The high gleam and bright finish of chrome is attractive, and the finish is resistant to corrosion in an active bathroom or kitchen. However, a pitted chrome faucet can make the entire space seem dingy and dirty.
Ridding the pits and scratches from the chrome faucet's finish can be done a few ways before restoring the fixture with a protective lacquer or layer of paint.
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Causes of Pitting in Chrome
While resistant to corrosion and fairly durable, chrome can be pitted by a number of household detergents and just plain old tap water. It's actually a soft metal that won't stand up to a scouring pad or sharp tools to chip away any hard water build up.
When bleach, CLR or another harsh chemical is used on the chrome finish to clean it, the corrosive detergents will eat through the finish over time. The corrosion will look like small white bumps or rust.
Cleaning Chrome Faucets
Keeping it clean is essential to keeping the mirror-like finish free from the pitting that typically occurs from corrosive minerals in the tap water and harsh cleaning detergents. Home Cleaning for You suggests using a mix of 10 drops of tea tree oil to 2 cups of water and 1/2 cup of vinegar in a spray bottle. This will clean and shine the chrome and remove odors. The vinegar may also take out any minor pitting that has already occurred.
To clean chrome faucets, use mild dishwashing liquid and water. Use a soft, narrow nylon brush or an old toothbrush to clean around the base of the faucet where it meets the countertop and around the narrow opening of the spout. Lift the handle and clean out the crevices and joints to keep the fixture operating well and avoid a buildup of hard water deposits.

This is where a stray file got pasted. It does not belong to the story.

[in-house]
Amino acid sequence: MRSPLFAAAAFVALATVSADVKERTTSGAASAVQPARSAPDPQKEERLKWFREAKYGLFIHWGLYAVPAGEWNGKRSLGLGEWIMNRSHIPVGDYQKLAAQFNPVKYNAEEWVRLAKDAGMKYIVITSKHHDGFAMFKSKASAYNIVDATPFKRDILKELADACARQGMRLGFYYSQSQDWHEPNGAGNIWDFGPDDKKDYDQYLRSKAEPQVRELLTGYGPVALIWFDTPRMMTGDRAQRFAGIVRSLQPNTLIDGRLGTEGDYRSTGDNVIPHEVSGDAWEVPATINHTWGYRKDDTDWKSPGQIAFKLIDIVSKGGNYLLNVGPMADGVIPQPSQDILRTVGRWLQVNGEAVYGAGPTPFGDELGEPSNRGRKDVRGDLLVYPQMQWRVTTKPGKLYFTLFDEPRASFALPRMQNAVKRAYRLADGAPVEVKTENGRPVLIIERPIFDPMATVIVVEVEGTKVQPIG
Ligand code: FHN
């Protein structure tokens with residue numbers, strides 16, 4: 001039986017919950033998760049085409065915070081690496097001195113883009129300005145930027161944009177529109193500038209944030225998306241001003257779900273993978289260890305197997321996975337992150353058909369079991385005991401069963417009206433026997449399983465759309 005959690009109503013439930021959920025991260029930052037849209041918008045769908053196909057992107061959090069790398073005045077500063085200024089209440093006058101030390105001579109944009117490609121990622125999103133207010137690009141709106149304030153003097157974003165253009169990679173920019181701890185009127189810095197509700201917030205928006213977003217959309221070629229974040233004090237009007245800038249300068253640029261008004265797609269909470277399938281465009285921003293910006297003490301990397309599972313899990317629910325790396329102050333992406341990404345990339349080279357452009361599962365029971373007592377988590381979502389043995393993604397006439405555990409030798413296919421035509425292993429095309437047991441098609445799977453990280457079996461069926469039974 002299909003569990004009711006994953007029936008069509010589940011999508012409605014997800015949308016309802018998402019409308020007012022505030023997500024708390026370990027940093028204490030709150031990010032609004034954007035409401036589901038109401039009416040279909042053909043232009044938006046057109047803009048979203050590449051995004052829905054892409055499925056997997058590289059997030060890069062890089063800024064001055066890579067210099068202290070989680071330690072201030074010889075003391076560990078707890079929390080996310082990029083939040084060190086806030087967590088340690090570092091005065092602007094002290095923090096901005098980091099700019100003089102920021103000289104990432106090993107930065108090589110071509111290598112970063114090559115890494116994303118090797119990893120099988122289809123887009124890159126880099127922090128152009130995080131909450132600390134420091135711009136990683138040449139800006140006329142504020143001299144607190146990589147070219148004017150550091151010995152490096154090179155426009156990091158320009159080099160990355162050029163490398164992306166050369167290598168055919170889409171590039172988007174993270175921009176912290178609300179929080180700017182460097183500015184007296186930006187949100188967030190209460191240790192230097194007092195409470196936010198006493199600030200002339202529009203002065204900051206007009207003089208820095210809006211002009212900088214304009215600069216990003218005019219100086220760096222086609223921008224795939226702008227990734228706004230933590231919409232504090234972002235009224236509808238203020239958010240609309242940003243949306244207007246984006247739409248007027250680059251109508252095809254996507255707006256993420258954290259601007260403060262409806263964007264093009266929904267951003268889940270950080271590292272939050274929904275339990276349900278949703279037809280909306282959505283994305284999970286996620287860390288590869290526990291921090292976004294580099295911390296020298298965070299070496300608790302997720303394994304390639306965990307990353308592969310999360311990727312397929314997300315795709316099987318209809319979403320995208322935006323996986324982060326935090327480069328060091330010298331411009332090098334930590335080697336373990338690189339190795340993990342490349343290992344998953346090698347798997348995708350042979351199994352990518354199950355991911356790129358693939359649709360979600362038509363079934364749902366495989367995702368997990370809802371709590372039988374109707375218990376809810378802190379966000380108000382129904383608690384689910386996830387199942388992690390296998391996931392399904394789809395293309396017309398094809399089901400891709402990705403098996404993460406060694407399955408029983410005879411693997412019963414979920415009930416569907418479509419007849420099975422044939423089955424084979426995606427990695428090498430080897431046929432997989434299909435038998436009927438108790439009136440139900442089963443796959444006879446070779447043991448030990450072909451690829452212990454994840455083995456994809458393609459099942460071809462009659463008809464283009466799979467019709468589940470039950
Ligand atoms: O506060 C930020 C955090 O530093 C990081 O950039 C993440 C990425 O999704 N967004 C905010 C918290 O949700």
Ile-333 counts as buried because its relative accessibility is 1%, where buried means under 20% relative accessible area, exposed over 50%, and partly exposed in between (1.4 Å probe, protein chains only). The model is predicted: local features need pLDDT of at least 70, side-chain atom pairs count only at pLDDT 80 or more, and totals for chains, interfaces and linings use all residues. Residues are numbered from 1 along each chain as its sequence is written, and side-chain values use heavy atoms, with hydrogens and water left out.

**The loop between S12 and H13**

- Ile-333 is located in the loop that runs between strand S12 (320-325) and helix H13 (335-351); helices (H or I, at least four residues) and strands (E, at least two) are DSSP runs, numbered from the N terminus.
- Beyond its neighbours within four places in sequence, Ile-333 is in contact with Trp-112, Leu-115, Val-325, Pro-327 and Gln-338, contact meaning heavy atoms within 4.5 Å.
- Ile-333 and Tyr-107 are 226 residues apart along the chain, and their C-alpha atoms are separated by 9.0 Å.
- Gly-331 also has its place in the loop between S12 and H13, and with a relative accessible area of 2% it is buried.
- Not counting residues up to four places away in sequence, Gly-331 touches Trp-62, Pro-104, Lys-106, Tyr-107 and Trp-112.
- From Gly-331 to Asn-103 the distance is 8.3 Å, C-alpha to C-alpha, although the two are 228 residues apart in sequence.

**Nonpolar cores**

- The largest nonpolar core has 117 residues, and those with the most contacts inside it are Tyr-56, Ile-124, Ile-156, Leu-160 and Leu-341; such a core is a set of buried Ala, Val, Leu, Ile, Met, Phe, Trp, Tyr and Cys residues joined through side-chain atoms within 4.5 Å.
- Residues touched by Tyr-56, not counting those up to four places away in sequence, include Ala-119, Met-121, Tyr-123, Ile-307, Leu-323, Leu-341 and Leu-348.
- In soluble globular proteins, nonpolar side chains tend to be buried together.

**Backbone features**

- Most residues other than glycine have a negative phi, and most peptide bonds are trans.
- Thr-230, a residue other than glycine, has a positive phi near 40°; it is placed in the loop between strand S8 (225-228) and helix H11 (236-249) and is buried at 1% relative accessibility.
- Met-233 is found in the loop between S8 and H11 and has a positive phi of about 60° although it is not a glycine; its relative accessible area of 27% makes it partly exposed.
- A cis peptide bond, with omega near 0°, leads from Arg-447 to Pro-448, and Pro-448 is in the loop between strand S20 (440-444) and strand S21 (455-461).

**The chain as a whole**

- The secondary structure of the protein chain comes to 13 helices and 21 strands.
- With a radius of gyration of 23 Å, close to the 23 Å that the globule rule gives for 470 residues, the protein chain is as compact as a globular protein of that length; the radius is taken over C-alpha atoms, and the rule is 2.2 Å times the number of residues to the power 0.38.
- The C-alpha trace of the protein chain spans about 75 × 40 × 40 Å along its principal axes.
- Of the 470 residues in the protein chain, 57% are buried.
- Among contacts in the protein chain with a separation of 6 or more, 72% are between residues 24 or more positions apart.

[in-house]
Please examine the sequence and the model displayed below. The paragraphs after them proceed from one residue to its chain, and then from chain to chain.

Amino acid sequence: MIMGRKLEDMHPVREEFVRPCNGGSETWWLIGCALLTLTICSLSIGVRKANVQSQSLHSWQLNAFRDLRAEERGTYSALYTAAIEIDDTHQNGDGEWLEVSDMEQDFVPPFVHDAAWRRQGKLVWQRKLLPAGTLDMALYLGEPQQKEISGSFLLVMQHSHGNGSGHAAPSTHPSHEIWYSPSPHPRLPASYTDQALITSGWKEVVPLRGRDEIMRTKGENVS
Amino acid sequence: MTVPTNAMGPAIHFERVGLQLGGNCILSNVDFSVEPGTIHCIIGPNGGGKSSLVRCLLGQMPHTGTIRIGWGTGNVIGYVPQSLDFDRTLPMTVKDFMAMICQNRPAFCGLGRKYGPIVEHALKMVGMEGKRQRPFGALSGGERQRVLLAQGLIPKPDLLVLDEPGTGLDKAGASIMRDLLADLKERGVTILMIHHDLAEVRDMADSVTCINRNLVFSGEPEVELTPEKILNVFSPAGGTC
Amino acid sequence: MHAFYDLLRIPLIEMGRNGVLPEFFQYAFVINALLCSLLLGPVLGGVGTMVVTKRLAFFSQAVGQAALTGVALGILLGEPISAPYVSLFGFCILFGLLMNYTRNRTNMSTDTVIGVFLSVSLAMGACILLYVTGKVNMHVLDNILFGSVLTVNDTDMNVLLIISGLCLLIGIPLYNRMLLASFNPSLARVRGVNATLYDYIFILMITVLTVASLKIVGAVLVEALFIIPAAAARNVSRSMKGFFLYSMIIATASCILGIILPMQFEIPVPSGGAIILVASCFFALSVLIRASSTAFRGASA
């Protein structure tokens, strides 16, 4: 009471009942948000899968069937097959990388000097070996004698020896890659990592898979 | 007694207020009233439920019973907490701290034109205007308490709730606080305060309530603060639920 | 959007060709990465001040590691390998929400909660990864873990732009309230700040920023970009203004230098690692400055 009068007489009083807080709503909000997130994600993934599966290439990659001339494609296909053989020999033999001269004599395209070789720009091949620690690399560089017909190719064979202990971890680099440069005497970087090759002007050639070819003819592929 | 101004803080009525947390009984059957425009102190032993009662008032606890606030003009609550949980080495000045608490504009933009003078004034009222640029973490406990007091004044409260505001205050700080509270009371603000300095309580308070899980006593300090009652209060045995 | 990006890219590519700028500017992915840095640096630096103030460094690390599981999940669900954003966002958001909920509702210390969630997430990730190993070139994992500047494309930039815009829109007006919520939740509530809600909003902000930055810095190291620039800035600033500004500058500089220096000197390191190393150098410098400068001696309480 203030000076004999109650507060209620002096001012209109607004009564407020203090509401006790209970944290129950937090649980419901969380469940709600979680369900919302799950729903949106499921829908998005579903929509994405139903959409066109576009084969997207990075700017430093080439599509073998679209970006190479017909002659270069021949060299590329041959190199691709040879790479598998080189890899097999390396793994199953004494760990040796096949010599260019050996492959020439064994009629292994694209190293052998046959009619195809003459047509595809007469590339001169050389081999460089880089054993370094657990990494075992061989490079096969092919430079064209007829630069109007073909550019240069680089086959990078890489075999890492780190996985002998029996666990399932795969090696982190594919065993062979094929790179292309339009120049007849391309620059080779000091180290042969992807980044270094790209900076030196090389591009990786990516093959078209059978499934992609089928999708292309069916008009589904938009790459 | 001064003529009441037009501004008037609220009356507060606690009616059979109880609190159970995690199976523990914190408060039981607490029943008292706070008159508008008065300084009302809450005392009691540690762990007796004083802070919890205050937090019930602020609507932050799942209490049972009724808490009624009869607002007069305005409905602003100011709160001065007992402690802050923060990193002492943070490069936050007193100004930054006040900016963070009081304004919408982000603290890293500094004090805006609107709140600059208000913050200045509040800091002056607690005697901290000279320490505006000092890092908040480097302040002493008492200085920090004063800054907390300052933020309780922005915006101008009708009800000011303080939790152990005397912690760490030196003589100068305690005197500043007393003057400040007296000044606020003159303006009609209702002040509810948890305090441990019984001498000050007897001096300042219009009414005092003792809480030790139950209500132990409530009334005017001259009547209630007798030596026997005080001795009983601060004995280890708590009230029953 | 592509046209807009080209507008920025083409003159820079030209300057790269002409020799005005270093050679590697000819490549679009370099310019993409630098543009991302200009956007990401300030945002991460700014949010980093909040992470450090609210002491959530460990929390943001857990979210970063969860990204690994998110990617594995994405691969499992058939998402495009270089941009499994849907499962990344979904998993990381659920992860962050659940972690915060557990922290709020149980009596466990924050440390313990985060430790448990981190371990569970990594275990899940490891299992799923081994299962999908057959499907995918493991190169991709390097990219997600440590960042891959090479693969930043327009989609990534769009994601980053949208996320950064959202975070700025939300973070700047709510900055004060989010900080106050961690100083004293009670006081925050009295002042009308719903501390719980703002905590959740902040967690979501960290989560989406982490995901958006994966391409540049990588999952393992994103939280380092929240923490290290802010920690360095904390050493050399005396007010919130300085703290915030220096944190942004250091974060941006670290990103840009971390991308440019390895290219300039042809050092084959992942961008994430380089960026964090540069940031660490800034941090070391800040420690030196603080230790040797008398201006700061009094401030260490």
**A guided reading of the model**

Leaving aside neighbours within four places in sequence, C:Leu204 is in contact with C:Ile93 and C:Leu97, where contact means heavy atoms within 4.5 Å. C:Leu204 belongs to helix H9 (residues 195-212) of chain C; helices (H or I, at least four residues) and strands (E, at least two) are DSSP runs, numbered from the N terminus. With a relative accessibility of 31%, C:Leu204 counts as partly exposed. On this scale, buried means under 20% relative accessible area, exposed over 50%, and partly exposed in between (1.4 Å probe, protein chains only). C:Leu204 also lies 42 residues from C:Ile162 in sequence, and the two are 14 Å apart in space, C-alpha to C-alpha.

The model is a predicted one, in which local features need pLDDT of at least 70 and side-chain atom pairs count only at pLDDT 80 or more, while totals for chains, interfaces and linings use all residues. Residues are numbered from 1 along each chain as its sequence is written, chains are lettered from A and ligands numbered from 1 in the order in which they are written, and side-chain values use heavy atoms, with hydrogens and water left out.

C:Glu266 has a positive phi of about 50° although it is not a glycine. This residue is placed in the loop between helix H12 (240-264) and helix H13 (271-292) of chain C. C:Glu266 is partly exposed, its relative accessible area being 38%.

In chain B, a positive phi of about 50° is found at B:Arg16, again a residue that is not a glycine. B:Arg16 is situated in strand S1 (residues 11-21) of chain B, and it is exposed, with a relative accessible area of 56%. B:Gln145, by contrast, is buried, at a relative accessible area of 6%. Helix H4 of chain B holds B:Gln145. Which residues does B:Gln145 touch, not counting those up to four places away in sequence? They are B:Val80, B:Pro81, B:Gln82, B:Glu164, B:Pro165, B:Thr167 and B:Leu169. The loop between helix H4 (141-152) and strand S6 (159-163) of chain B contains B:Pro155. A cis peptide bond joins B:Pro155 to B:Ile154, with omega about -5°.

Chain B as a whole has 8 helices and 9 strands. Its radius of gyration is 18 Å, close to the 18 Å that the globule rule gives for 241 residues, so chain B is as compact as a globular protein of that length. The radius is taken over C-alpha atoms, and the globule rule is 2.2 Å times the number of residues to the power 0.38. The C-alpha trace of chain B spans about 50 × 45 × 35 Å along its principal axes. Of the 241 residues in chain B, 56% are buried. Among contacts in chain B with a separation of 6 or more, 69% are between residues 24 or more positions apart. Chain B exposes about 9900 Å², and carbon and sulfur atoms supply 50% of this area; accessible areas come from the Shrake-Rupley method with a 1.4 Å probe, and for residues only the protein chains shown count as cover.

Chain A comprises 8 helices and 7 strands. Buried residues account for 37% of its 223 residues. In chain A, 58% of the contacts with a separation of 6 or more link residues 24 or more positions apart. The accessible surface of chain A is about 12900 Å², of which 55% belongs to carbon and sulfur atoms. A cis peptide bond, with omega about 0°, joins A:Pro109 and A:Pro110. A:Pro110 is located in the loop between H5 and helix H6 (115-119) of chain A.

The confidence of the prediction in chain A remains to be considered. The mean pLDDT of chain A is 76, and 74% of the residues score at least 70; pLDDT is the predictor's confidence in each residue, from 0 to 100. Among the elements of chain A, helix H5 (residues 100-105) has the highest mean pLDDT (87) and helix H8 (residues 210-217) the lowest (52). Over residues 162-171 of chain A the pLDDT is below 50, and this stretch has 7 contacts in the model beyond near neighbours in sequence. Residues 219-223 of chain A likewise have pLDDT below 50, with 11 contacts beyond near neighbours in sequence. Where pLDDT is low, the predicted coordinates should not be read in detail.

A good chrome cleaner or polish, such as Turtle Wax T-280RA Liquid Chrome Polish & Rust Remover, can remove all the grunge that builds up at the base and spout of the faucet and give the chrome a proper shine. Follow the manufacturer's application instructions for the chrome polish you plan to use to get the most out of the commercial product.
Restoring a Pitted Chrome Faucet
To remove the unsightly white bumps or rust spots from a chrome faucet, use a ball of aluminum foil and water to remove the pitting. Dip a strip of aluminum foil in water and gently rub it into the pitted areas of the chrome faucet. This will not only remove the pits, but return the shine to the chrome, according to Merry Maids.
Sandpaper in varying grits can also remove more serious pitting on chrome. Start with a 400-grit piece of sandpaper and work up to 800 and finish with a 1,000-grit to reduce serious pitting. Use small, circular motions. A piece of 0000 fine steel wool in warm water can also whisk away the pitting and return the shine.
Once the pitting has been completely removed, spray a light coat of clear lacquer or chrome paint, onto the faucet. Make sure to have the area well ventilated and wear protective eye gear and a painter's mask before working with spray paint.